Wonderful story and thoughts. I wish all would look at how they percieve why they hunt. What is it they consider a trophy. For my family and myself we are meat hunters. The "Trophy" is an added bonus. But then all deer that we harvest are trophies. We respect the deer for what they are, and we are thankful for the opportunity to hunt.
Excellent article, well put. I see/hear all too often those hunters who feel the only thing worth shooting is a big buck. Many also don't feel the intense emotion/ gratitude/reverence that should come with killing an animal. The guys on the hunting shows who go up to the downed animal, hoot and holler, then talk to the couch sitter about the size of the antlers are particularly annoying. I rarely watch these programs for this and other reasons.
I'm not trying to come off as a holier-than-thou hunter, but rather, as the the author of the article states, someone who respects the game we hunt, and is thankful for the opportunity to provide for myself and my family, and enjoys the time outdoors.
I shot a bear two weeks ago....it turned out to be a lot smaller than it seemed when I first spotted it. I got back the meat from the butcher the other day. Also, we're having the hide made into a rug.
It's meat will be appreciated at our table. The bear will be remembered among family & friends as we swap hunting stories. He truly was a much appreciated GIFT, small or not.
That is a great article. One of my favorite pictures of deer that BGH members posted this season was of a doe. I don't remember who posted it but I can clearly see that doe in my minds eye as I type this. One of my favorite mounts that I have at home is also a doe......She is beutiful
great article, thats why i dont like to show some of those shows, to ppl that i try to explain the art of hunting to. sometimes those host seem like they are just jaded. in all my hunts i have not harvested many birds, 2 pheasants and maybe 5 quail, and some squirrel, but those were all good times spent with my best friend, my brother, and my dad. when it all comes down sometimes thats the most important part, then when when you harvest the game you desire, you appreciate it that much more.
i have yet to hunt deer, elk, or any other big game but believe me its only a matter of time.
This article emphasizes greatly my sentiments regarding this issue! I grew up hunting the 'thickets' of North Louisiana; back when a spike buck would have been a trophy! It was a buck....so be proud that I got to see one! Back at that time.....1950....one would go to jail quicker for shooting a doe than if they had murdered a human being....such was the mindset during those years! I have been totally 'turned off' by the hunting videos/shows that come on the Dish Network because it's really obvious that all of these shows are pushing the latest new fad or gadget and that it's really all about MONEY!! ,) ,) And.....the emphasis is totally upon what constitues a trophy as being nothing but a huge set of 'harns' and whether or not it will score 190+!! It's gotten to where a young kid can't go out and shoot a small spike or a 4 pt. and feel good about their accomplishment because all they see on the 'boob-tube' on the hunting shows is what was mentioned above!! Frankly.....I don't waste my time with those 'shows' anymore! My time is better spent on the range or in the loading room when I'm not hunting!!
Take a kid hunting.....and convey to him/her.......that whatever they decide to shoot.....is a real accomplishment and trophy....horns or not!!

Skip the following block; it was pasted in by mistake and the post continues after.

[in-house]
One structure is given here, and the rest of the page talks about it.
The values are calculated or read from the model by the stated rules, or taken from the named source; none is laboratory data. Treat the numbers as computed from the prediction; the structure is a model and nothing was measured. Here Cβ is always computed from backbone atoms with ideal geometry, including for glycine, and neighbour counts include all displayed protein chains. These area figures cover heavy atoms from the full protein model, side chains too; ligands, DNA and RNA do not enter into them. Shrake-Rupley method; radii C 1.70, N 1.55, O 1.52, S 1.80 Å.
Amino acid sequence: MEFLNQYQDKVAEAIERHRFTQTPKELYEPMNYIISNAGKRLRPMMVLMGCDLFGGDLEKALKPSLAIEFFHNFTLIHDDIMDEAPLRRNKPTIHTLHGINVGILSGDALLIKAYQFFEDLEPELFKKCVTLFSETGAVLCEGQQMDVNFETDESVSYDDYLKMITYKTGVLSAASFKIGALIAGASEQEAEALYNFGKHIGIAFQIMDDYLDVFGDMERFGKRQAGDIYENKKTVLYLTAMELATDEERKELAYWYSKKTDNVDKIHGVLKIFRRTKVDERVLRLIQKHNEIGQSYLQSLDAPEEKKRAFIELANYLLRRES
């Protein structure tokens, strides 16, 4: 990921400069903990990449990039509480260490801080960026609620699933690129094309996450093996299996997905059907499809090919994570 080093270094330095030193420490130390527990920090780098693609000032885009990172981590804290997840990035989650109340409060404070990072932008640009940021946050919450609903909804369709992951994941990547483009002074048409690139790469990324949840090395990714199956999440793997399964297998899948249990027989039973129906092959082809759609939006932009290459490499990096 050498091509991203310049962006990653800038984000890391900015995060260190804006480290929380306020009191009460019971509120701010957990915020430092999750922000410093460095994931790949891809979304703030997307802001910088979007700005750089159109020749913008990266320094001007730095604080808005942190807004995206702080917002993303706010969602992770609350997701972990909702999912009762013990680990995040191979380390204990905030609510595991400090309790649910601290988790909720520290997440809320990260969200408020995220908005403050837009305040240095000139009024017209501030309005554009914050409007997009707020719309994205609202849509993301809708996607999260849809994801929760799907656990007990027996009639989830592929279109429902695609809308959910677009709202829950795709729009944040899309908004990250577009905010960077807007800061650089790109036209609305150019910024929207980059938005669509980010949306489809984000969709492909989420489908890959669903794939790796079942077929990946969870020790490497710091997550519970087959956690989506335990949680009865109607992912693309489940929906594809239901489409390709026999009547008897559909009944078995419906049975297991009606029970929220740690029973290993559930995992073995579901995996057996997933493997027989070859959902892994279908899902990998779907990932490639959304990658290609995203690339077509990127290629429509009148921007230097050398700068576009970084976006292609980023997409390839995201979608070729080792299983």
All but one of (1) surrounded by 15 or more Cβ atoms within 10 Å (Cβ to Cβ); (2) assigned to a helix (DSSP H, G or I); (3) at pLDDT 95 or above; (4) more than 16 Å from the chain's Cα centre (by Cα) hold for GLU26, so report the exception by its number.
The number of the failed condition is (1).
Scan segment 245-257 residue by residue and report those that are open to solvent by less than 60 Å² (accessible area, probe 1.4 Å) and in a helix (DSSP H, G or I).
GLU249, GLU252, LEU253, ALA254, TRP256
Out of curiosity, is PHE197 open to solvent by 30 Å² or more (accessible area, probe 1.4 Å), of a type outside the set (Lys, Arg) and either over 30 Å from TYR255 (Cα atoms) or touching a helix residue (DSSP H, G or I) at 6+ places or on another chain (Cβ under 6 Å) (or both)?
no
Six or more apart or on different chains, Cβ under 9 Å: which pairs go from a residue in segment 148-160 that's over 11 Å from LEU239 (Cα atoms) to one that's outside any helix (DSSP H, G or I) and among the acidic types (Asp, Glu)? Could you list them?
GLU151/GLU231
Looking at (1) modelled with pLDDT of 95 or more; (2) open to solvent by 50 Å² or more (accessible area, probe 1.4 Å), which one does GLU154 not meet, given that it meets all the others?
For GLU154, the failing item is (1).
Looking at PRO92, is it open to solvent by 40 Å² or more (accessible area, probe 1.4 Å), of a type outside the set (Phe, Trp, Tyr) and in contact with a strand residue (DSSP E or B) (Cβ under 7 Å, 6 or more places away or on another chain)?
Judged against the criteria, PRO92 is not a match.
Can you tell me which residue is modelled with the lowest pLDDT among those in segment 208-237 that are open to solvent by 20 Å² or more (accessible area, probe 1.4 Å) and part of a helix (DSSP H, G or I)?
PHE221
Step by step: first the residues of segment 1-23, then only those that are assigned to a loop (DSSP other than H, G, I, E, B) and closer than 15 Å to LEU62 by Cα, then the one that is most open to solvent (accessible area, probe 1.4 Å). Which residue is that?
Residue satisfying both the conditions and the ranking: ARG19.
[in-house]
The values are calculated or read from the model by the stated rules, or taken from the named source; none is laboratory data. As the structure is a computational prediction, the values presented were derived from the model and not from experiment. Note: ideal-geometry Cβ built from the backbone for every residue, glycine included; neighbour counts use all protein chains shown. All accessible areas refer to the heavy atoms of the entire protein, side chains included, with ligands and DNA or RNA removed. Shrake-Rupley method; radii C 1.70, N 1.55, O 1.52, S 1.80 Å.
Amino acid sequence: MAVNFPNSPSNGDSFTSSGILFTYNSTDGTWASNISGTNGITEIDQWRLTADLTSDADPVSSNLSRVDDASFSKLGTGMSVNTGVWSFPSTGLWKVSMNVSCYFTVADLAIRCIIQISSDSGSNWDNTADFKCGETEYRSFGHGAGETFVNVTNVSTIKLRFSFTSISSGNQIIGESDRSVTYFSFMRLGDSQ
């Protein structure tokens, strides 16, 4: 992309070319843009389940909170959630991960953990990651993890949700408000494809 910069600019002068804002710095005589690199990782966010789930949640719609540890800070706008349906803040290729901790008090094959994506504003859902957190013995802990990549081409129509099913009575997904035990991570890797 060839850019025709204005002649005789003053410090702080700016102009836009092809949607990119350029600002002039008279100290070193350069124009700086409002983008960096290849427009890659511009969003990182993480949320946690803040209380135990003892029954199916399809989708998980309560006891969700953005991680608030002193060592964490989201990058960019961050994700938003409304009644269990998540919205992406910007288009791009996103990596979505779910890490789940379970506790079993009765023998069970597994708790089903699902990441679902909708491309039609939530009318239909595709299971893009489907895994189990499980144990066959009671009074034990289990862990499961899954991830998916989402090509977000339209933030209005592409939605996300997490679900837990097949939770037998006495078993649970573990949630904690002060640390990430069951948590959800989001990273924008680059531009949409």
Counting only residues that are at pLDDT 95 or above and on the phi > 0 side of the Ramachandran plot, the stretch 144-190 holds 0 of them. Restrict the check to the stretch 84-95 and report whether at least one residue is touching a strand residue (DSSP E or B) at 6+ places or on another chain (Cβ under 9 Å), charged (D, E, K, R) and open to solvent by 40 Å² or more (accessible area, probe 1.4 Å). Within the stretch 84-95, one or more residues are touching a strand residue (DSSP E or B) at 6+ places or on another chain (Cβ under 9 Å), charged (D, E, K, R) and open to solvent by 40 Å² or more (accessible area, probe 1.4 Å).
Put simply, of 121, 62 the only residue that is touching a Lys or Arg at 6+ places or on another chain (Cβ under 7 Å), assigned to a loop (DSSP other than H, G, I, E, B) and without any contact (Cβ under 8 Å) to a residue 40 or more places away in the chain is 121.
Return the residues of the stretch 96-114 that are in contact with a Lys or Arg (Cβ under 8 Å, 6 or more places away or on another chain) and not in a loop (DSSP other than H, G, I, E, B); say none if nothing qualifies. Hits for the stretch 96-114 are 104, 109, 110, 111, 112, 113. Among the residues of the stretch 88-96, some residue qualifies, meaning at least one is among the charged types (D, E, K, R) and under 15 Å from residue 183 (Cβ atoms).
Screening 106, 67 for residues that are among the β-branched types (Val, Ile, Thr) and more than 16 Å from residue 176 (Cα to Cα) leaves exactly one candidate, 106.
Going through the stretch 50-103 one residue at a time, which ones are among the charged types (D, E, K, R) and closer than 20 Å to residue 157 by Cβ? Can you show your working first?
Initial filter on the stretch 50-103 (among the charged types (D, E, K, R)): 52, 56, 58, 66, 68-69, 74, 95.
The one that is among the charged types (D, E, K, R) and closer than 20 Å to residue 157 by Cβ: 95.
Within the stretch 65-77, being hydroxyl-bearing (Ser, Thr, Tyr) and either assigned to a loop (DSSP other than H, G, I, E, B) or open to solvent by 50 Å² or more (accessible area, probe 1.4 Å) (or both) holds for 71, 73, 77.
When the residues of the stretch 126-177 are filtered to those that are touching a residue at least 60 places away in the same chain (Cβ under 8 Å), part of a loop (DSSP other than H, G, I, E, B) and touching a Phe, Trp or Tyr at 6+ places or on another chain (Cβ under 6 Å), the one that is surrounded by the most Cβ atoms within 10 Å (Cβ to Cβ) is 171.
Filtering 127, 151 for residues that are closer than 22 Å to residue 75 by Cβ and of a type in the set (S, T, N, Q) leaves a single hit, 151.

I read this article with reverence for the author. He obviously has a grasp of the fact that any animal harvested is worthy of respect. He understands that any animal taken during the hunt is a Gift of nature. He truly brelieves that the best part of the hunt is the companionship of our fellow hunters and the oneness we obtain with the wild things around us. You hear in his voice the pride of having supplied his family with a wonderful gift of food, yet you also feel the reverence in his voice as he talks of the life he has taken. He understands that he has taken an animal the Creator has given him in order to sustain the lives of himself and his family. For him, killing an animal is not the sport of obtaining a trophy set of horns, it is a way of living life as the Creator intended; for us to be a part of this great cycle of life. For him, the Trophy is not the mounted animal that hangs on his family room wall. The Trohpy is the memory of the Hunt. The mount on the wall is only a symbol to frequently remind him of those memories. The fact that we have been given a mind capable of remembering that feeling and sense of reverence & compassion for the animals we have taken is what sets us apart from the wild predators of the world. When human society looses that ability, then we truly become nothing more than wild predators.
If more parents taught their sons and daughters these things, I firmly believe our world would be a better and safer place. I genuinely believe we have so many predatory killings of young people on our streets today because we as parents have failed to teach our chidren these things and how precious a life really is. Take the time to teach a young person the truth of what it means to hunt & fish. You might just be saving his/her life.
Over the years I have seen several elk and deer hides left in the woods by hunters and I have to wonder why they do this? I fully understand and agree about getting the hide off the animal as soon as possible to cool the meat, but why not pack out the hide with you and use it? As far as I know there are no state laws that require you to take the hide home, but to me why waste such a beautiful part of the animal? Some might think they have no use for the hide or it costs too much to tan....